MARKET WATCH: Economy indicators push up energy prices
Energy prices jumped May 6 in the New York market, driven by a better-than-expected report on US unemployment, a smaller-than-expected oil inventory increase, and technical buying as the front-month crude contract hit a record-high for the year above $56/bbl.
OGJ Senior Writer
HOUSTON, May 7 -- Energy prices jumped May 6 in the New York market, driven by a better-than-expected report on US unemployment, a smaller-than-expected oil inventory increase, and technical buying as the front-month crude contract hit a record-high for the year above $56/bbl.
The Energy Information Administration reported commercial US inventories of crude increased 600,000 bbl to an above-average 375.3 million bbl in the week ended May 1—far short of Wall Street's consensus of a 2.5 million bbl gain. Gasoline stocks decreased 200,000 bbl to 212.4 million bbl in the same period. Distillate fuel inventories climbed by 2.4 million bbl to 146.5 million bbl, also above average (OGJ Online, May 6, 2009).
US refiners ran more crude and feedstock last week than in any week since the Dec. 5, 2008. "However, the total petroleum demand on a 4-week basis is still the lowest it has been since May 1999," said analysts at Pritchard Capital Partners LLC, New Orleans. "Distillate demand implies continued weakness for distillates; overall the inventory report is positive for crude, but refined products should not benefit from it.
Meanwhile, Automatic Data Processing Inc. reported US nonfarm private employment decreased 491,000 in April on a seasonally adjusted basis, compared with a revised drop of 708,000 in March.
On May 7, the US Department of Labor reported 601,000 new applications for jobless benefits last week—the smallest increase in 14 weeks and a possible indication that layoffs have peaked. Nonetheless, the total number of people receiving unemployment benefits climbed to 6.35 million.
The government said in separate report US productivity grew at a rate of 0.8%/year—better than economists expected—in this year's first quarter.
In Houston, analysts at of Raymond James & Associates Inc. reported commodities and equities were higher in early trading May 7, "which is likely to extend the rally." However, they said, "Some headwinds could come in the form of mixed earnings results, which we expect. All eyes will be on the multitude of earnings releases and conference calls on a day when it seems like every energy company is reporting. In general, we continue to think the fundamentals look pretty poor in the domestic market and that many of the stocks could be getting ahead of themselves."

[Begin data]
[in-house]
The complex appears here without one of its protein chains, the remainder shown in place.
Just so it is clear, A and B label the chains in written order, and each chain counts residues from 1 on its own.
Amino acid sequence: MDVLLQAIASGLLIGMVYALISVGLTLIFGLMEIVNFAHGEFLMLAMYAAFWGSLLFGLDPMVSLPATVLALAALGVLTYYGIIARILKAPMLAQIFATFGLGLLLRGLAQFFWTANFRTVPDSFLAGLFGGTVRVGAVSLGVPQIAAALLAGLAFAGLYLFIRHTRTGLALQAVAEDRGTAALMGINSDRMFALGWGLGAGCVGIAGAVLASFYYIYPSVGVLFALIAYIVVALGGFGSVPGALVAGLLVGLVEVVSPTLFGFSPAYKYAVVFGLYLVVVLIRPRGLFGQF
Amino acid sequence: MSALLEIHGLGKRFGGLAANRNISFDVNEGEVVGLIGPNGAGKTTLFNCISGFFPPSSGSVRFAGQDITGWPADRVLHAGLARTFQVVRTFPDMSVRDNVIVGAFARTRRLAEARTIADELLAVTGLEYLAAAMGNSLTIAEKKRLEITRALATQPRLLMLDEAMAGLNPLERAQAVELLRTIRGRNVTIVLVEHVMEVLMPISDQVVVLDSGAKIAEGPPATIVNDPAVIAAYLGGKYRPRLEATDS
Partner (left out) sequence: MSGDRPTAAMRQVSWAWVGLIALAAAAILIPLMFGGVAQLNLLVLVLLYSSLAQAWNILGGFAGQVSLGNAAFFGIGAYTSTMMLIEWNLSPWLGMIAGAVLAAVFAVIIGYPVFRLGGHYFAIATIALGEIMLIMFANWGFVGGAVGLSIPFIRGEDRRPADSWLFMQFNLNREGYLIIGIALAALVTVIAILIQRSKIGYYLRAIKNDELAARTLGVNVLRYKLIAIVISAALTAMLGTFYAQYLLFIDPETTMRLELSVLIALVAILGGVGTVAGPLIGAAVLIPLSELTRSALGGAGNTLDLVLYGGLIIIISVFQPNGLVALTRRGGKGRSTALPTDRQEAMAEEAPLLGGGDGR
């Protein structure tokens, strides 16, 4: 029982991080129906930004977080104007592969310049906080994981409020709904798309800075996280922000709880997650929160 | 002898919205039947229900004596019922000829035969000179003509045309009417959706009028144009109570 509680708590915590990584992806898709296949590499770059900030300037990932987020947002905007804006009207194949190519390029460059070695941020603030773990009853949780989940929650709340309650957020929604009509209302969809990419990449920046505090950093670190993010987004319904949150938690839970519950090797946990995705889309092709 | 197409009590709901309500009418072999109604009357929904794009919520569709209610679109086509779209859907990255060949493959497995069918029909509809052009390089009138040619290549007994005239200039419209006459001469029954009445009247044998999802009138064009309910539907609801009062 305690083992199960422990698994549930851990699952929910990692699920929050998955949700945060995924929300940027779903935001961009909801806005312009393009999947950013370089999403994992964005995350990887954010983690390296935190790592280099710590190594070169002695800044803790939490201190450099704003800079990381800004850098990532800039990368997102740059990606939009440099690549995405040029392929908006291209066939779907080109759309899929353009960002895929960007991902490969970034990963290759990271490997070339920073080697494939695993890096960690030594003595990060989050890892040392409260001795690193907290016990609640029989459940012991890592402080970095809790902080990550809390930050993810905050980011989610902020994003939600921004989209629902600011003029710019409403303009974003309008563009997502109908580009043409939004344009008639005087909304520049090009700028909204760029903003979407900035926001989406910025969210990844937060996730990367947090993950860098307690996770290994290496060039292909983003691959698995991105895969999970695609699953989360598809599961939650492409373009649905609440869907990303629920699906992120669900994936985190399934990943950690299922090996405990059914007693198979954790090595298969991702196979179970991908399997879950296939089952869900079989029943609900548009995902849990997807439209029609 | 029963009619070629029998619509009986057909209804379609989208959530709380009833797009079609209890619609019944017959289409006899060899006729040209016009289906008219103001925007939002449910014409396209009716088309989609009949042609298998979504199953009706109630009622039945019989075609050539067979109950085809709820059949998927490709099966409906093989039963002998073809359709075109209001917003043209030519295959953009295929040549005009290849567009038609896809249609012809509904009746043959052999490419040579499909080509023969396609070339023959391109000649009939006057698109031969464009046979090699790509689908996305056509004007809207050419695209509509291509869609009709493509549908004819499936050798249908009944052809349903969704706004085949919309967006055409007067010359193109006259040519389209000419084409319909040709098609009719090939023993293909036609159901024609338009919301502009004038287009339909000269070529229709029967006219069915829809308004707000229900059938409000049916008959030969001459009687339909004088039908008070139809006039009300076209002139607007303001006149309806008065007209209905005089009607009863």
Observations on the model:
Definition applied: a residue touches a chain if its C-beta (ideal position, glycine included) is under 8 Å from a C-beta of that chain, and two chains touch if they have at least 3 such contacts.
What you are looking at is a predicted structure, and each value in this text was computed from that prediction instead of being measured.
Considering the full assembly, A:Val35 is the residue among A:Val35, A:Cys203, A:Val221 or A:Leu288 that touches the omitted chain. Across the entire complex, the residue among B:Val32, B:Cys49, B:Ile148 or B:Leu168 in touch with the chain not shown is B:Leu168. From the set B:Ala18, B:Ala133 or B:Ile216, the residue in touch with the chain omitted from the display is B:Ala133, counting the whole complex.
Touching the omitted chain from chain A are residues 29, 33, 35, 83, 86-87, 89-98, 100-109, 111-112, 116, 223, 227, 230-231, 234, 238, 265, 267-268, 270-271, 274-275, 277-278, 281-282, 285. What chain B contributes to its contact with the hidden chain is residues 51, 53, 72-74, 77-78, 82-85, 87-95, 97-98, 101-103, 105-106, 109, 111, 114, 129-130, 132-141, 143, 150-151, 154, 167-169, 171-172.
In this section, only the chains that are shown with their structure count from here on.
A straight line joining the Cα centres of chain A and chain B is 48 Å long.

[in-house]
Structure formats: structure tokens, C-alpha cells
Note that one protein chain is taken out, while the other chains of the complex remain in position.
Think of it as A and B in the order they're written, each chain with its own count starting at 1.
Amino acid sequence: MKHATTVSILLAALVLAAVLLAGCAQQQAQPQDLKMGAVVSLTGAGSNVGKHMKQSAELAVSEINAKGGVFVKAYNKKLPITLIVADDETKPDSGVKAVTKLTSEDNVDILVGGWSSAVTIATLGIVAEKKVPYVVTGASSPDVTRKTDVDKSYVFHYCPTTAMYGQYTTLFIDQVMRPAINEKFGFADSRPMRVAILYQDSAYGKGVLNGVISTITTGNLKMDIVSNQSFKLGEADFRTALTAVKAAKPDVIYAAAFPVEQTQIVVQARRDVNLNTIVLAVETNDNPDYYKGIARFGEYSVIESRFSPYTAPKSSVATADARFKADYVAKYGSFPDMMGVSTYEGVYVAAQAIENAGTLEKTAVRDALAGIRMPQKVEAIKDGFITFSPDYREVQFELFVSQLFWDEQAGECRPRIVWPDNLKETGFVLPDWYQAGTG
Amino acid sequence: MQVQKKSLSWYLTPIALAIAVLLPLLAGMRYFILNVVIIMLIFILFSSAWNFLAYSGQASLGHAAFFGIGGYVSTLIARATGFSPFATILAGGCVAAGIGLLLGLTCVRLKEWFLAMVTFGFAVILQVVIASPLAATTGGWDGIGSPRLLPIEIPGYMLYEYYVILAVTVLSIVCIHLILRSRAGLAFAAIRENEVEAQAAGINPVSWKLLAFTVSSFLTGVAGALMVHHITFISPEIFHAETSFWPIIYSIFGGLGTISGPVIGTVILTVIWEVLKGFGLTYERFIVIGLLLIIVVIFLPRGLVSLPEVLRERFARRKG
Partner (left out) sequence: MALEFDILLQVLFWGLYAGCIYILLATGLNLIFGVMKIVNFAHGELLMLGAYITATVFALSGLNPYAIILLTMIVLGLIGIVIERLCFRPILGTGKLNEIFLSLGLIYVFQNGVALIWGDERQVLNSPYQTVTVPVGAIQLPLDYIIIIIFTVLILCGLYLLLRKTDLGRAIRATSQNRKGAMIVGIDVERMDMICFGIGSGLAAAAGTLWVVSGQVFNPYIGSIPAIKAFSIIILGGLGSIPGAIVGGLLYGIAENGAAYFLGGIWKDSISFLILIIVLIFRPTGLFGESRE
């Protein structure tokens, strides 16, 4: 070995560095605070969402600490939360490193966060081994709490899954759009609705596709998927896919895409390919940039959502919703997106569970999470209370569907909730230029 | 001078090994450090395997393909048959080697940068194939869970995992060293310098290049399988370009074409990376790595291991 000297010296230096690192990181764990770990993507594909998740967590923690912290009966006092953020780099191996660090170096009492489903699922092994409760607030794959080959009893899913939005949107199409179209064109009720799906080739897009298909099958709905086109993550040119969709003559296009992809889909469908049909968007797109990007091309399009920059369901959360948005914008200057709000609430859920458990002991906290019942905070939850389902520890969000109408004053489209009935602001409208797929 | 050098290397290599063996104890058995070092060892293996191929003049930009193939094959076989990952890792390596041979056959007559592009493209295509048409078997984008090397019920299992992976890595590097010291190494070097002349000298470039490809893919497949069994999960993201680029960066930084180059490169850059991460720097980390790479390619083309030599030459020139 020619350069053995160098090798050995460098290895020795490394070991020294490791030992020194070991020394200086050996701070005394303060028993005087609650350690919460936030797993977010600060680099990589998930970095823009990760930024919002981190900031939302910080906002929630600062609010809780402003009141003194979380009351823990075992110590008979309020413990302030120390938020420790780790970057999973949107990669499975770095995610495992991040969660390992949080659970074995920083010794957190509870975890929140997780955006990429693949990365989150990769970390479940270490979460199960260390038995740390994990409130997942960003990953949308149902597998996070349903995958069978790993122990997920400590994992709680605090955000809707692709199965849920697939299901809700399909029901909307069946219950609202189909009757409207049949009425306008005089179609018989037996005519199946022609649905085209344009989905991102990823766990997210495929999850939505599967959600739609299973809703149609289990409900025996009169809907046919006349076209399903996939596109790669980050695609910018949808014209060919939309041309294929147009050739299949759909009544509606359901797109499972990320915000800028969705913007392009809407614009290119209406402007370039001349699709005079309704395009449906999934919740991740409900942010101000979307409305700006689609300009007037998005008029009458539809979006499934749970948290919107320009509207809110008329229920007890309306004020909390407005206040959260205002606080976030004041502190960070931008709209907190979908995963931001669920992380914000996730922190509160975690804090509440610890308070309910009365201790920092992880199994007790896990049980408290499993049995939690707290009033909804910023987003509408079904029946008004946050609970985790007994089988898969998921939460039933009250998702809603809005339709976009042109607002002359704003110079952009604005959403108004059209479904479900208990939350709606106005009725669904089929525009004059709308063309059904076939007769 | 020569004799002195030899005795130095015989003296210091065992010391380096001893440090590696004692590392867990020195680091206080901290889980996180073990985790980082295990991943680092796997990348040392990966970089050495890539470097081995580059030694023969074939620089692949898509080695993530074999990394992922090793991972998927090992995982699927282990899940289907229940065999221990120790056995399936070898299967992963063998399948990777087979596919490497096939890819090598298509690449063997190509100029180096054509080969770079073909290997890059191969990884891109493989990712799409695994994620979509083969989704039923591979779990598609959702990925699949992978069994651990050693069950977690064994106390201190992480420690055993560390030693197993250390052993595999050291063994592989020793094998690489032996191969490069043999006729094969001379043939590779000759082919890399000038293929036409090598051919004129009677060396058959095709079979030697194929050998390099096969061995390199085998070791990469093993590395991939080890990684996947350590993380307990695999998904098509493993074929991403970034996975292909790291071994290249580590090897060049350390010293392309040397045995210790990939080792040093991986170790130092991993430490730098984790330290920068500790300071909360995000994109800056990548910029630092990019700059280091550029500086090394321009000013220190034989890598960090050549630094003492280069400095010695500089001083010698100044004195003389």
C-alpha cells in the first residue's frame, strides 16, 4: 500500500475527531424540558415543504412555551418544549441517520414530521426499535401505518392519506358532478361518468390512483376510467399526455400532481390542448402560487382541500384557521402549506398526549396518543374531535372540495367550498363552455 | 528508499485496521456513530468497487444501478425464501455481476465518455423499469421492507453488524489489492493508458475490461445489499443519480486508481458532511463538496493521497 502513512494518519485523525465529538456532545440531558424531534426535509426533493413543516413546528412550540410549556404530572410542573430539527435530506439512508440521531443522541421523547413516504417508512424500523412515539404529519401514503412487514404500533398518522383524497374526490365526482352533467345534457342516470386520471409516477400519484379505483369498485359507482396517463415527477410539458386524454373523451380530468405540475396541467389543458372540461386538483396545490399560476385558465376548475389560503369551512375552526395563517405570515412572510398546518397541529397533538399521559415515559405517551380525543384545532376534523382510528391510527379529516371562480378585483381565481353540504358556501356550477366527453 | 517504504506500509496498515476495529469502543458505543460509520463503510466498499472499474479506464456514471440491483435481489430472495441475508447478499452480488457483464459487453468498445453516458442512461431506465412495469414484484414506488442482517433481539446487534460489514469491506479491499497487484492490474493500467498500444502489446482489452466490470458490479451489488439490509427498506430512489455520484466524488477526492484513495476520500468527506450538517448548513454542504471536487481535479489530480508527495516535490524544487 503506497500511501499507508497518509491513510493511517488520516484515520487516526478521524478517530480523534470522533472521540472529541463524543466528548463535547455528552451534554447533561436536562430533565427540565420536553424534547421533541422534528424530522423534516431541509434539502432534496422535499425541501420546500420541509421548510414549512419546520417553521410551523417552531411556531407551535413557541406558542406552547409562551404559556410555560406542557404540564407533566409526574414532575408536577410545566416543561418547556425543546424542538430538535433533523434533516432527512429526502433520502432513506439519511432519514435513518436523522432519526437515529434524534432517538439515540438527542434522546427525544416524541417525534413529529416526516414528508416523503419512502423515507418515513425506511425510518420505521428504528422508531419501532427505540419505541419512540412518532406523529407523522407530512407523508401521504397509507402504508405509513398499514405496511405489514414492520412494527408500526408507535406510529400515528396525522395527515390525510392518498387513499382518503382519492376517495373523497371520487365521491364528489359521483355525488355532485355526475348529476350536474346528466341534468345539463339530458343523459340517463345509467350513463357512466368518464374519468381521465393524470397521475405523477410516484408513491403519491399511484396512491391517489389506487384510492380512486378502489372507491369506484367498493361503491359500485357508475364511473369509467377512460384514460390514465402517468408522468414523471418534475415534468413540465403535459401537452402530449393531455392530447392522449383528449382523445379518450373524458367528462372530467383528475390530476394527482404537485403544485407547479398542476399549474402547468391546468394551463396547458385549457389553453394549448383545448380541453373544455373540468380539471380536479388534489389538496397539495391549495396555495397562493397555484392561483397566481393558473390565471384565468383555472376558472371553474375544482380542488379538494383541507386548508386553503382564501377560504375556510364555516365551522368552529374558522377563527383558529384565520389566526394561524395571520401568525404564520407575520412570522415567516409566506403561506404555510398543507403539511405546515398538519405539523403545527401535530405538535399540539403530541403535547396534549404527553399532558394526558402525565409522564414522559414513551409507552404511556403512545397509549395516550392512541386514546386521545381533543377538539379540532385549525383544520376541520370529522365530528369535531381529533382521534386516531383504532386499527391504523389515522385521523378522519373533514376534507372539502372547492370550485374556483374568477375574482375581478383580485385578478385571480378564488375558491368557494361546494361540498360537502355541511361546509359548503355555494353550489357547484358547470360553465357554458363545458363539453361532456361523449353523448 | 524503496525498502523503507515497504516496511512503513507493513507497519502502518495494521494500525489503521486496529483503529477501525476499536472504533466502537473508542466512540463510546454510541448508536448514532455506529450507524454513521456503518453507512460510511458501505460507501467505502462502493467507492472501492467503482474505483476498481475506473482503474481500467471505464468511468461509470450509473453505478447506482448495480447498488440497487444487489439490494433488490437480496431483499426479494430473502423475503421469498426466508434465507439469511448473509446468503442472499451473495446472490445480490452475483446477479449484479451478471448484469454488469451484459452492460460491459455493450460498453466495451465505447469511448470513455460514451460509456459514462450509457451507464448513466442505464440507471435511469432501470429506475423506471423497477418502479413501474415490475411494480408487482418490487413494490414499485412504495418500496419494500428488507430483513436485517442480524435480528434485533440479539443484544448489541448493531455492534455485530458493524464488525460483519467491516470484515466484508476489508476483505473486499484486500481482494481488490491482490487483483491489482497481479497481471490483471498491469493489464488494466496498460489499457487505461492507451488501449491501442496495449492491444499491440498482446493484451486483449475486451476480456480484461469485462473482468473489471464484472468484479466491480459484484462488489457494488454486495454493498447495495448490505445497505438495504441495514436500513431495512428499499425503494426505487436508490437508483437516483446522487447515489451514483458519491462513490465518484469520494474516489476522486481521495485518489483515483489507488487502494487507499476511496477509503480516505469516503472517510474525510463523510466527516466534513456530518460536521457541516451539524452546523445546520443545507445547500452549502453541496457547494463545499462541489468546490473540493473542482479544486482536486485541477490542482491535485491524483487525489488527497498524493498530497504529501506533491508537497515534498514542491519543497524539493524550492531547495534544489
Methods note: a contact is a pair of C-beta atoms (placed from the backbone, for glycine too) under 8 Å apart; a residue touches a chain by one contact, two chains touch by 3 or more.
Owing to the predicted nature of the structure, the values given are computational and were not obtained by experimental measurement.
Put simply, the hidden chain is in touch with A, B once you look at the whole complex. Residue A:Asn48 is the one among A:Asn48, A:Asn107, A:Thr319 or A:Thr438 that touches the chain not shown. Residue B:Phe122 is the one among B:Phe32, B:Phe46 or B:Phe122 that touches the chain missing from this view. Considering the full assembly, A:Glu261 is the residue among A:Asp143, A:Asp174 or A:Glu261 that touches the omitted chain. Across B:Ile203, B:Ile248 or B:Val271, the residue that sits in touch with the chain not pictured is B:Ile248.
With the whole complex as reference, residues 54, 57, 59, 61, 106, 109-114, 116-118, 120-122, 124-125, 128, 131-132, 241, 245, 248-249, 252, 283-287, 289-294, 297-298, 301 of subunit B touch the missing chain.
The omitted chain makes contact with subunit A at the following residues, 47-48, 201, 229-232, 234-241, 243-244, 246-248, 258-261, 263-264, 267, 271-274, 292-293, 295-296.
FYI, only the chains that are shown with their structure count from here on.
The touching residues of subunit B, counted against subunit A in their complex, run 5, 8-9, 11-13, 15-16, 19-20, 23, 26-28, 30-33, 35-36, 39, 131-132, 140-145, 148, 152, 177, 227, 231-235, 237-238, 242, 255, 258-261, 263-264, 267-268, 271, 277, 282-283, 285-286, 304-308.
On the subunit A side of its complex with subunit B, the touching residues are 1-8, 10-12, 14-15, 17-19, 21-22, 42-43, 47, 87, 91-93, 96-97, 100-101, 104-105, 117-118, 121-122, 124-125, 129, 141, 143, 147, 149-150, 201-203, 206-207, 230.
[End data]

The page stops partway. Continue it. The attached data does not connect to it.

Olivier Jakob at Petromatrix, Zug, Switzerland, said, "On the fundamental side, a crude oil price of $50-60/bbl should make about zero difference on the demand side of the equation. Retailers have not been passing the entirety of the price drop to the consumer, and Western governments have not been pushing them to do so in order to preserve some of the energy efficiency gains. Hence there is some room for a price increase in futures before the consumer gets hit on the retail side."
Jakob said, "On the supply side a price of $60/bbl rather than $50/bbl could provide some lower compliance [among members of the Organization of Petroleum Exporting Countries], but the main cheaters are already leaking at $50/bbl so the net difference will be hard to immediately measure." He said, "In the end, what will make the sustainability of $60/bbl or of $50/bbl will be the size and the sustainability of the crude oil contango."
The June contract for benchmark US light, sweet crudes jumped by $2.50 to $56.34/bbl May 7 on the New York Mercantile Exchange. The increase and price were the same for West Texas Intermediate at Cushing, Okla., on the US spot market. The July crude contract gained $2.15 to $57.59/bbl on NYMEX. Heating oil for June delivery increased 4.51¢ to $1.47/gal. Reformulated blend stock for oxygenate blending (RBOB) for the same month was up 5.58¢ to $1.63/gal.
Natural gas for June escalated by 27.2¢ to $3.89/MMbtu on NYMEX. On the US spot market, gas at Henry Hub, La., climbed 8.5¢ to $3.70/MMbtu. Pritchard Capital Partners said, "Natural gas rallied sharply on comments made by industry executives indicating that they believe the reduction in US rig count may end the decline in the price of natural gas." In a conference call with analysts, they said, Bob R. Simpson, founder and chief executive officer of XTO Energy Inc. in Fort Worth, indicated he expects the price of natural gas to double by next May.
Meanwhile, EIA reported the injection of 95 bcf of natural gas into US underground storage in the week ended May 1. As a result, working gas in storage exceeded 1.9 tcf; that's 491 bcf higher than in the same period last year and 362 bcf above the 5-year average.
In London, the June IPE contract for North Sea Brent crude increased $2.03 to $56.15/bbl. Gas oil for May gained $12.50 to $462/tonne.
The average price for OPEC's basket of 12 reference crudes advanced by $1.38 to $54.09/bbl on May 6.
Contact Sam Fletcher at firstname.lastname@example.org.